Tesla aims to Reduce Cobalt Dependency in Batteries

Published on: 07 Jun, 2018

The most extensive problem facing electric cars is the availability of cobalt, which is used in lithium-ion batteries to build stability and increase safety. However, Panasonic, Tesla Inc. (NASDAQ: TSLA) battery supplier and partner in the Nevada Gigafactory battery plant, expects cobalt shortages to rise. According to Streetwise Reports, cobalt prices have tripled in the last two years.

In the London Metal Exchange, price of cobalt has snowballed from $30,000 per tonne at the end of 2016 to roughly $87,000 currently, with the possibility of becoming even more expensive.

Cobalt is mainly mined as a byproduct of copper and nickel. The largest suppliers of this cobalt is the Democratic Republic of the Congo, which has had its supply chains secured by China due to their own rapidly progressing battery sector.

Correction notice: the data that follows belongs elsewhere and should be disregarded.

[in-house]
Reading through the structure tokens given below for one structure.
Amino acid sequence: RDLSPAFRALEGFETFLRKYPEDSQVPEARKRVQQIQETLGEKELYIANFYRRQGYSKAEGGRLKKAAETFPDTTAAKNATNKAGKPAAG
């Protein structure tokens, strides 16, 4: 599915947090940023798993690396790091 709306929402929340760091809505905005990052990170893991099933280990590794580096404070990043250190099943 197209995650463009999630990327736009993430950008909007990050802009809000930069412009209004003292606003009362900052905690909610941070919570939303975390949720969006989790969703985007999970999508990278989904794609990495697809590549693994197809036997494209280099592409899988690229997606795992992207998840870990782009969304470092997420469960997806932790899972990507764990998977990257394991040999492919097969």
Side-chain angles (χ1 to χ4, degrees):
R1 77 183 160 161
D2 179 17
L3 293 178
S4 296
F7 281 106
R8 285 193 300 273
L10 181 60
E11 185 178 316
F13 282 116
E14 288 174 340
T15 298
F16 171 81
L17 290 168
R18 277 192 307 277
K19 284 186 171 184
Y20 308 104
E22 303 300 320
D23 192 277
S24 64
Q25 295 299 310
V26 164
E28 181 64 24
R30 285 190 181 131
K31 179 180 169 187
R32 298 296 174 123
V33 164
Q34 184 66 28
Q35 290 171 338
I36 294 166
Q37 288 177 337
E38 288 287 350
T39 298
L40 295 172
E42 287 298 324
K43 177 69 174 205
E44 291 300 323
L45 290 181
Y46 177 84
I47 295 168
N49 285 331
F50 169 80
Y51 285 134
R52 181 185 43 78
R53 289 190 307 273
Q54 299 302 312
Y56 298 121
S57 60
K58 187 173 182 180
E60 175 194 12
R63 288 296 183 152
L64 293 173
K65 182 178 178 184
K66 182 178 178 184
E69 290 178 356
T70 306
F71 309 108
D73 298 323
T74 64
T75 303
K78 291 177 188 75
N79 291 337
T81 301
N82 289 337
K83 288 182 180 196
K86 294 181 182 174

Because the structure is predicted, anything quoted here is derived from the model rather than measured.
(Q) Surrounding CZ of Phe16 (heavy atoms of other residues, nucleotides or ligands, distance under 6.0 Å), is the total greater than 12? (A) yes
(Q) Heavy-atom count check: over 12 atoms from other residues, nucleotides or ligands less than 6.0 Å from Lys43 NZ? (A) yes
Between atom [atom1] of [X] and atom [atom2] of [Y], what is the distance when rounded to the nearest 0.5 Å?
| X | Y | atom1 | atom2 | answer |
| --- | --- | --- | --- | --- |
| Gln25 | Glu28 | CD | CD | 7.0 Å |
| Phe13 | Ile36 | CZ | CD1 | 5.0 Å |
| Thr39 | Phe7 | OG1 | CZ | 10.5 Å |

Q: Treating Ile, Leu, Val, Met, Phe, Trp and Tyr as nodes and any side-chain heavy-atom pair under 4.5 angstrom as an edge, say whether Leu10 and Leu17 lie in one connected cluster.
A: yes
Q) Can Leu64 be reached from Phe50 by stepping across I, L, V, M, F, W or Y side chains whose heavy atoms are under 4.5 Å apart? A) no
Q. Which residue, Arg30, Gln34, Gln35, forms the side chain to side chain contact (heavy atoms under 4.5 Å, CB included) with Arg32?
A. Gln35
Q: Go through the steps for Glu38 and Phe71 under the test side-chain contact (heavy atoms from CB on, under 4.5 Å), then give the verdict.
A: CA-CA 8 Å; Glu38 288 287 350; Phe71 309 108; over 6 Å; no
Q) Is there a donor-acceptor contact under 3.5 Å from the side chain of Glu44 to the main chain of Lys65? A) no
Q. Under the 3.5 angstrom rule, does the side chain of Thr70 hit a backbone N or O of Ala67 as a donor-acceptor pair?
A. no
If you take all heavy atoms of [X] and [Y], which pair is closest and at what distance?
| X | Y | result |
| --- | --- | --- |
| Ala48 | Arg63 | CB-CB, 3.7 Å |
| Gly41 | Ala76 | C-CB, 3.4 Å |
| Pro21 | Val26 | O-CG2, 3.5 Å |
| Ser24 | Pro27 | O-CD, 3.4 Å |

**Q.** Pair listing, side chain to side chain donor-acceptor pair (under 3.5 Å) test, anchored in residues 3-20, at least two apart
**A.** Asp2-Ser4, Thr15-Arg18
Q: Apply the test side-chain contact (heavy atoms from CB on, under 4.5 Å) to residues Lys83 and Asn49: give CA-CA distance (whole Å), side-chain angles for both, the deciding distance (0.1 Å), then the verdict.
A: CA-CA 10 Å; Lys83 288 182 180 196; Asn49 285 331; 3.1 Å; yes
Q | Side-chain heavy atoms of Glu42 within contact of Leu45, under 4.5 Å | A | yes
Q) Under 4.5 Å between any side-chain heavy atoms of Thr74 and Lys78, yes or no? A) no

This has lead to Panasonic to seek out battery production methods for electric cars that require less cobalt. “We have already cut down cobalt usage substantially,” Kenji Tamura, who is in charge of Panasonic’s automotive battery business, said at a meet with analysts. “We are aiming to achieve zero usage in the near future, and development is underway.”

Tesla CEO Elon Musk told analysts that “we think we can get the cobalt to almost thing.” during a call on the company’s first quarter results.

Batteries are mainly made up of a nickel-cobalt-manganese composition with a ratio of one part nickel, one part cobalt, and one part manganese being the standard in the past. There is also another less popular composition, used by Panasonic, which consists of a nickel-cobalt-aluminum composition. Compounds have already evolved to a five parts nickel, two parts cobalt, three parts manganese compounds and six parts nickel, two parts cobalt, two parts manganese compounds.

In a letter to shareholders, Elon Musk stated that Panasonic’s newest battery design “is already lower than next-generation cathodes that will be made by other cell producers with a nickel-manganese-cobalt ratio of 8:1:1.”

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Nelson Cheng

Email: nelson@financialinsiders.com

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